These are the biochemical results taken from a 48-year-old male, missing from an alcohol rehabilitation program and found in his home, comatose, by police, three days from the time he was last seen.

Parameter Patient Value Normal Adult Range
Sodium 126 mmol/L* 138 – 145
Potassium 3.5 mmol/L 3.5 – 5.0
Creatinine 250 μmol/L* 40 – 100
Urea 7.0 mmol/L 3.1 – 7.5
Bilirubin (total) 509 μmol/L * 2.0 – 22.0
Protein (total) 40 g/L* 65 – 85
Albumin 20 g/L* 38 – 48
Alkaline phosphatase (ALP) 153 IU/L* 40 – 100
Gamma glutamyl transferase (GGT) 459 IU/L* 0 – 50
Alanine aminotransferase (ALT) 336 IU/L* 0 – 45
Creatine kinase (CK) 400 IU/L* 30 – 180
Glucose 3.2 mmol/L* 3.5 – 4.6
Ammonia 342 μmol/L 0 – 50
Lactate 3.7 mmol/L* 0.6 – 2.4

a) Comment, with explanation, on each of the biochemical abnormalities.

b) List three possible causes of his altered conscious state.

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College Answer

a) Comment, with explanation, on each of the biochemical abnormalities.

Liver dysfunction as demonstrated by elevated enzymes, reduced albumin. Hypoglycaemia with decompensation indicated by marked elevation of ammonia. Hyponatraemia in keeping with cirrhosis.

Raised lactate as a result of liver dysfunction / alcoholic ketoacidosis / sepsis / thiamine deficiency
Raised creatinine indicates renal dysfunction and urea may be apparently “normal” because of
decreased hepatic dysfunction and possible nutritional deficiencies. Urea:creatinine ratio suggests
that GI bleed and/or dehydration are unlikely

b) List three possible causes of his altered conscious state.

  • Alcohol intoxication
  • Hepatic encephalopathy
  • Drug ingestion
  • Sepsis
  • Intracranial bleed
  • Wernickes encephalopathy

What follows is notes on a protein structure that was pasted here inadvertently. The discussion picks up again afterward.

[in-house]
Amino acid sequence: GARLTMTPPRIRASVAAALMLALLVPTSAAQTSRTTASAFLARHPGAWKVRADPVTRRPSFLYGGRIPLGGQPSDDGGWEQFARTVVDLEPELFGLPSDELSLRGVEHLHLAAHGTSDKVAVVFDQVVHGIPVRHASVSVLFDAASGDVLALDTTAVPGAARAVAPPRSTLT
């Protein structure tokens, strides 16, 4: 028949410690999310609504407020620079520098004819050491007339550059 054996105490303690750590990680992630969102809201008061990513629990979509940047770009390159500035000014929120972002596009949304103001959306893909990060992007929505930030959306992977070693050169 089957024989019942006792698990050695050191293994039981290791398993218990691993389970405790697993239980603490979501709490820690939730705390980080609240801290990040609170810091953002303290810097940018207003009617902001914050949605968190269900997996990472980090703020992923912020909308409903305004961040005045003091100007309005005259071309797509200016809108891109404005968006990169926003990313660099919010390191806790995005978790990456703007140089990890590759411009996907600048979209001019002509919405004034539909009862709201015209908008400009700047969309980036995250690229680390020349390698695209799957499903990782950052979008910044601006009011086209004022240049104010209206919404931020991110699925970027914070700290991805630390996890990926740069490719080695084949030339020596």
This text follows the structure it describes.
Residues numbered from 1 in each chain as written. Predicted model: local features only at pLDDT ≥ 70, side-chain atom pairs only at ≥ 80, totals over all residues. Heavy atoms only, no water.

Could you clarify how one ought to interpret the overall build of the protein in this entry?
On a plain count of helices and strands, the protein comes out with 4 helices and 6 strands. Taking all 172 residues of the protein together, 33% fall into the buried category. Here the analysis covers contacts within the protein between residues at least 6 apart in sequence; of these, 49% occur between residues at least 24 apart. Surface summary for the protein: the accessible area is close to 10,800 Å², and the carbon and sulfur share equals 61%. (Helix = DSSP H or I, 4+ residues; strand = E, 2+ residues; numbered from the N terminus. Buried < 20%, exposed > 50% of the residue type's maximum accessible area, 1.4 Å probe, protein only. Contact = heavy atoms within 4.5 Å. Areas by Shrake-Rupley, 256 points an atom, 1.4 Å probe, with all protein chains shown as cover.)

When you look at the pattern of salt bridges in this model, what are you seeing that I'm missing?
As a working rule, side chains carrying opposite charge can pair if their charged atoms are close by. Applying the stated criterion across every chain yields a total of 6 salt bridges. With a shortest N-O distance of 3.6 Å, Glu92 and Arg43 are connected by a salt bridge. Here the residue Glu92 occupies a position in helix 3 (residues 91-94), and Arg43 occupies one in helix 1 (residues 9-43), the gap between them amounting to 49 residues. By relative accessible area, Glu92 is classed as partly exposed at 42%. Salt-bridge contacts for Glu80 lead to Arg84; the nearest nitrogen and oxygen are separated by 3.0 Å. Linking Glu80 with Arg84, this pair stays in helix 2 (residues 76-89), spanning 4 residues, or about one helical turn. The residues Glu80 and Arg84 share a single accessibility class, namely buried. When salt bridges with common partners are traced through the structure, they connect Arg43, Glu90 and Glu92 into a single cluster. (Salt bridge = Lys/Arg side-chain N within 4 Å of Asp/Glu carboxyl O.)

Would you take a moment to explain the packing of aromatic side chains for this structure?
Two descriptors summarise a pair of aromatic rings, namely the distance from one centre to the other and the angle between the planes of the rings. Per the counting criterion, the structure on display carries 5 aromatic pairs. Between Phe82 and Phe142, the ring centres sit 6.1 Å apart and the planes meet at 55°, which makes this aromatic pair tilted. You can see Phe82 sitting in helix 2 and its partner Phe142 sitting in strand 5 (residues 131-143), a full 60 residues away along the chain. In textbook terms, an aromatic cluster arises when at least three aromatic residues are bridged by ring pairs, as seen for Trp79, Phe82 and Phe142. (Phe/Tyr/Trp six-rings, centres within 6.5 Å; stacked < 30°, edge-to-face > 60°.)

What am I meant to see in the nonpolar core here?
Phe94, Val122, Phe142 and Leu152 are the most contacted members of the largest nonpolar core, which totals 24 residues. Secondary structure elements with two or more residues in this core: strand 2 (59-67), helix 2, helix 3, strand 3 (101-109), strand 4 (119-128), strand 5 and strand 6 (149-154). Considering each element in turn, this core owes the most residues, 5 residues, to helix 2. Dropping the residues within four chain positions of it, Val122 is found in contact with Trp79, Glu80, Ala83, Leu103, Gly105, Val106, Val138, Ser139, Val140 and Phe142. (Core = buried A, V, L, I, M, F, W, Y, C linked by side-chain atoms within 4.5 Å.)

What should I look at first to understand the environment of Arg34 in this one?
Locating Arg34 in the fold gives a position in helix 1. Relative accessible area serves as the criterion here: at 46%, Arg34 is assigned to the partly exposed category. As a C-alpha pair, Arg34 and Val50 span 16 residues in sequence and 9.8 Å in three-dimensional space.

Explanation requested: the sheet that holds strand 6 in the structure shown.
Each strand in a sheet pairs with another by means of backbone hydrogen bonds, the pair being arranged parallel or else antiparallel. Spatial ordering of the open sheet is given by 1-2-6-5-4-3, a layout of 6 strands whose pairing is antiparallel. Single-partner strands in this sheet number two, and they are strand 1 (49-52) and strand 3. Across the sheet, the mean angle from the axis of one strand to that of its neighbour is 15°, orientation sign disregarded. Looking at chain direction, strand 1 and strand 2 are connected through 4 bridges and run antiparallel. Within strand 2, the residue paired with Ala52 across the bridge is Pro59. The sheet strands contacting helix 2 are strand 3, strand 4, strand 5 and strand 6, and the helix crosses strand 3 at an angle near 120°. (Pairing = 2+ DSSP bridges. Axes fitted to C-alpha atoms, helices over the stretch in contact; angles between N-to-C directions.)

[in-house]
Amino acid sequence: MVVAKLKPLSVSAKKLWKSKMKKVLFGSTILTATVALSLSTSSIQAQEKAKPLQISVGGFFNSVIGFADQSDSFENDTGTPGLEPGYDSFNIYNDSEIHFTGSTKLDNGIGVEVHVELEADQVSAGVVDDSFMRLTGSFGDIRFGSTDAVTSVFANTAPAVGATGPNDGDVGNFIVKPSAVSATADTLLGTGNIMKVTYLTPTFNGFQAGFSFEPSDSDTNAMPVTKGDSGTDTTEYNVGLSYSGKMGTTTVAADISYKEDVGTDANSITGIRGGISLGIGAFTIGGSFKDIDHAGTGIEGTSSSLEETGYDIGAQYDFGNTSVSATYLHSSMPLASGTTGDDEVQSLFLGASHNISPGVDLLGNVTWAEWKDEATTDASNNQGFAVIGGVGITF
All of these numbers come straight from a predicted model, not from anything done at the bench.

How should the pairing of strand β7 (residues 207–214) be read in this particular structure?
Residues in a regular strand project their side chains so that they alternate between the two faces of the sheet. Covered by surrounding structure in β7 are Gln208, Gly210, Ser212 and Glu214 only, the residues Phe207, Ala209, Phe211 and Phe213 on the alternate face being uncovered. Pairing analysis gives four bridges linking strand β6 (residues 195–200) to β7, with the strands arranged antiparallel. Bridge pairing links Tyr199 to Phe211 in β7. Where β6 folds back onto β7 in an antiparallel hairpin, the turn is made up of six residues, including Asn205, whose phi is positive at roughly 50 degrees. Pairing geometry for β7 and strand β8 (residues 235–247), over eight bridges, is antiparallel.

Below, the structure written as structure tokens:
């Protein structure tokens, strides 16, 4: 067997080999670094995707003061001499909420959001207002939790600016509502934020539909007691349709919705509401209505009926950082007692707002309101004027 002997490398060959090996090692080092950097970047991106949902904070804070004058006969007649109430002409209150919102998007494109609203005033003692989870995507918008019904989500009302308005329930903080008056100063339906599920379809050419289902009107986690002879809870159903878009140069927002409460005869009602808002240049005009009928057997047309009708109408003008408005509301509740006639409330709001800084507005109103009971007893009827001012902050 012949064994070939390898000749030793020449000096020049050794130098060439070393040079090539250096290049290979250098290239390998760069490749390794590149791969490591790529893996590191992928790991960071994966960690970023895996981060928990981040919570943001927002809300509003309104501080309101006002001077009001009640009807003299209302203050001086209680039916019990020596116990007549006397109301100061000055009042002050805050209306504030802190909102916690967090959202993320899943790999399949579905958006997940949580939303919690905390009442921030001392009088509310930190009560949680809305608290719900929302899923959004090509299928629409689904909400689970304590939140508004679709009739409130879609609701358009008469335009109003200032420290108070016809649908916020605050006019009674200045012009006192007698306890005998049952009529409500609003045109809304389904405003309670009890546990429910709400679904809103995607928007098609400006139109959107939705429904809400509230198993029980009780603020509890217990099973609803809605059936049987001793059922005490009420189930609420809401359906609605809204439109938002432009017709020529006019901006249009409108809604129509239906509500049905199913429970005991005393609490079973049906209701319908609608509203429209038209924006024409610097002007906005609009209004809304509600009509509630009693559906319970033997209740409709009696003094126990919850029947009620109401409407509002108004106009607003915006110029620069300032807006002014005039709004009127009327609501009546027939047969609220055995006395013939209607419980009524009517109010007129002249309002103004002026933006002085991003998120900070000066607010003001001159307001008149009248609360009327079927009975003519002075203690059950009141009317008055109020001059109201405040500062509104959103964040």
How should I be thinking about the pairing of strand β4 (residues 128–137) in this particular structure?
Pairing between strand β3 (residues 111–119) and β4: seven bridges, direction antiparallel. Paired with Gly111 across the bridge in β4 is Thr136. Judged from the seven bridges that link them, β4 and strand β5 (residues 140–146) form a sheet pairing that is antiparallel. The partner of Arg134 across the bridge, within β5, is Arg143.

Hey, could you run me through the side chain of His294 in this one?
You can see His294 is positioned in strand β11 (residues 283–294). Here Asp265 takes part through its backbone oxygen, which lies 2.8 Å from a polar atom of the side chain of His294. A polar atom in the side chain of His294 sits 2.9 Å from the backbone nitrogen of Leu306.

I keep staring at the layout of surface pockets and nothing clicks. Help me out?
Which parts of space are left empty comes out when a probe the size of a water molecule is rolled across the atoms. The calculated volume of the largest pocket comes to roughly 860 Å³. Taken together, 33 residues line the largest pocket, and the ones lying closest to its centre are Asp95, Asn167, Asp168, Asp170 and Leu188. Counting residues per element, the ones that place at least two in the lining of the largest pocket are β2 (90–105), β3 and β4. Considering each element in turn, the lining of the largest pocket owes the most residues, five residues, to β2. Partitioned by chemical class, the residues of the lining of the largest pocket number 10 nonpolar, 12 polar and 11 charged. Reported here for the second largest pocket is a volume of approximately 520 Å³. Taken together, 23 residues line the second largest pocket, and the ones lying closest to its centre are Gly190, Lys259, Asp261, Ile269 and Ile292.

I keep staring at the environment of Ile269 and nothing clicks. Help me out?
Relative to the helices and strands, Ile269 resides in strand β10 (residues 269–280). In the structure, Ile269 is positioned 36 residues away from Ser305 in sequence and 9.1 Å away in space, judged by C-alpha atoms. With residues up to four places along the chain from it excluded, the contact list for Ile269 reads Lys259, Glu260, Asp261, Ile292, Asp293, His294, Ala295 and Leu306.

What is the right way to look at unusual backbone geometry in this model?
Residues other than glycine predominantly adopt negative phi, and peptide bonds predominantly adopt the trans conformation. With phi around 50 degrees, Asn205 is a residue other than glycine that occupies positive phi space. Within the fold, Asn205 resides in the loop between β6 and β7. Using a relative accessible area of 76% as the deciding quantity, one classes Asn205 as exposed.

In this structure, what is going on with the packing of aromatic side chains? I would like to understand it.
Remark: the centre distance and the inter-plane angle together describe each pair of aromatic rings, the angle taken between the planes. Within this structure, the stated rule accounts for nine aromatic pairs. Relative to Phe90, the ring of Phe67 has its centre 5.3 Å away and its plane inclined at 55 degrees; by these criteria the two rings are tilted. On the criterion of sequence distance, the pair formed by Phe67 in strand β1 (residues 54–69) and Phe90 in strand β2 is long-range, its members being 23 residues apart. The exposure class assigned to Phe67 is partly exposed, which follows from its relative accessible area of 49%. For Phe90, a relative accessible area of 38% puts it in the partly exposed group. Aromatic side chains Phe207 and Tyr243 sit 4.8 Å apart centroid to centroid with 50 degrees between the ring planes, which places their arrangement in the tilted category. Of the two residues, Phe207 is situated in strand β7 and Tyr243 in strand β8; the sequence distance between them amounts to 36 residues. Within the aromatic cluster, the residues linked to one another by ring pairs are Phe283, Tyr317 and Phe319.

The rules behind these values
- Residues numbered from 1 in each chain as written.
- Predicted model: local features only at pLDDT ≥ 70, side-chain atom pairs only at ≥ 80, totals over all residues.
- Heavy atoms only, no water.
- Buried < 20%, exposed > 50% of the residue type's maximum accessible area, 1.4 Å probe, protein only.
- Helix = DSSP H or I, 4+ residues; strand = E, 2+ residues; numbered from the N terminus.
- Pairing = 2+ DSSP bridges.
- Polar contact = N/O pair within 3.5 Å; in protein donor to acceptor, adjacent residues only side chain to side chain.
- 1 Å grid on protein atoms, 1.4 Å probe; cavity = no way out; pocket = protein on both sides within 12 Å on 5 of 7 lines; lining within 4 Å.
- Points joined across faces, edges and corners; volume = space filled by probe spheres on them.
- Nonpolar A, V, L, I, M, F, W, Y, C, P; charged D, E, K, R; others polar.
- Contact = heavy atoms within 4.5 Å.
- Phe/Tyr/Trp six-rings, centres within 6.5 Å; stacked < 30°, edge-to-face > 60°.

Discussion

This question is nearly identical to Question 29.2 from the second paper of 2011. The answer to that question is also duplicated here, to simplify revision

The following is a list of biochemical abnormalities and plausible explanations for them:

  • Sodium is low due to the hypervolemic hyponatremia of cirrhosis
  • Creatinine is high potentially due to dehydration or hepatorenal syndrome.
  • Urea is normal likely due to nutritional deficiency or failure of the urea cycle. (so its probably not a GI bleed)
  • The LFTs are deranged in keeeping with a history of chronic liver disease, featuring a degree of synthetic failure (albumin of only 20) and hypoglycaemia.
  • Features of synthetic liver failure are present:
    • Ammonia is elevated.
    • Albumin is low.
    • Total protein is low.
    • Bilirubin is high
  • The CK is only slightly elevated, suggesting seziures were probably not taking place before the police arrived
  • The lactate is raised, and there could be numerous reasons for this - but its likely either increased production due to sepsis or thiamine deficiency, combined with a decreased hepatic clearance.
 

The college asks for three possible causes of unconsciousness in this comatose drunk. Three only. The most relevant ones would have to be

  • Hepatic encephalopathy
  • Alcohol intoxication
  • Sepsis

A possible list of differentials would have to also include the following:

  • V- Stroke
  • I- Septic encephalopathy
  • N- Seizures
  • D- Drug intoxication
  • I -
  • C-
  • A-
  • T- Intracerebral bleed, GI bleed
  • E- hyponatremia, hypoglycaemia

References

References

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Limdi, J. K., and G. M. Hyde. "Evaluation of abnormal liver function tests." Postgraduate medical journal 79.932 (2003): 307-312.

Hoekstra, Lisette T., et al. "Physiological and biochemical basis of clinical liver function tests: a review." Annals of surgery 257.1 (2013): 27-36.

Giannini, Edoardo G., Roberto Testa, and Vincenzo Savarino. "Liver enzyme alteration: a guide for clinicians." Canadian medical association journal 172.3 (2005): 367-379.

Kim, W., et al. "Serum activity of alanine aminotransferase (ALT) as an indicator of health and disease." Hepatology 47.4 (2008): 1363-1370.

Pratt, Daniel S., and Marshall M. Kaplan. "Evaluation of abnormal liver-enzyme results in asymptomatic patients." New England Journal of Medicine 342.17 (2000): 1266-1271.

Whitfield, J. B. "Gamma glutamyl transferase." Critical reviews in clinical laboratory sciences 38.4 (2001): 263-355.

Balistreri, William F., et al. "Intrahepatic cholestasis: Summary of an American Association for the Study of Liver Diseases single‐topic conference." Hepatology 42.1 (2005): 222-235.

Assy, N., et al. "Diagnostic approach to patients with cholestatic jaundice." World journal of gastroenterology 5.3 (1999): 252-262.

Stellpflug, Samuel J. "Transaminitis: The Lab Test That Has Inflammation…." Journal of Medical Toxicology 7.3 (2011): 252-253.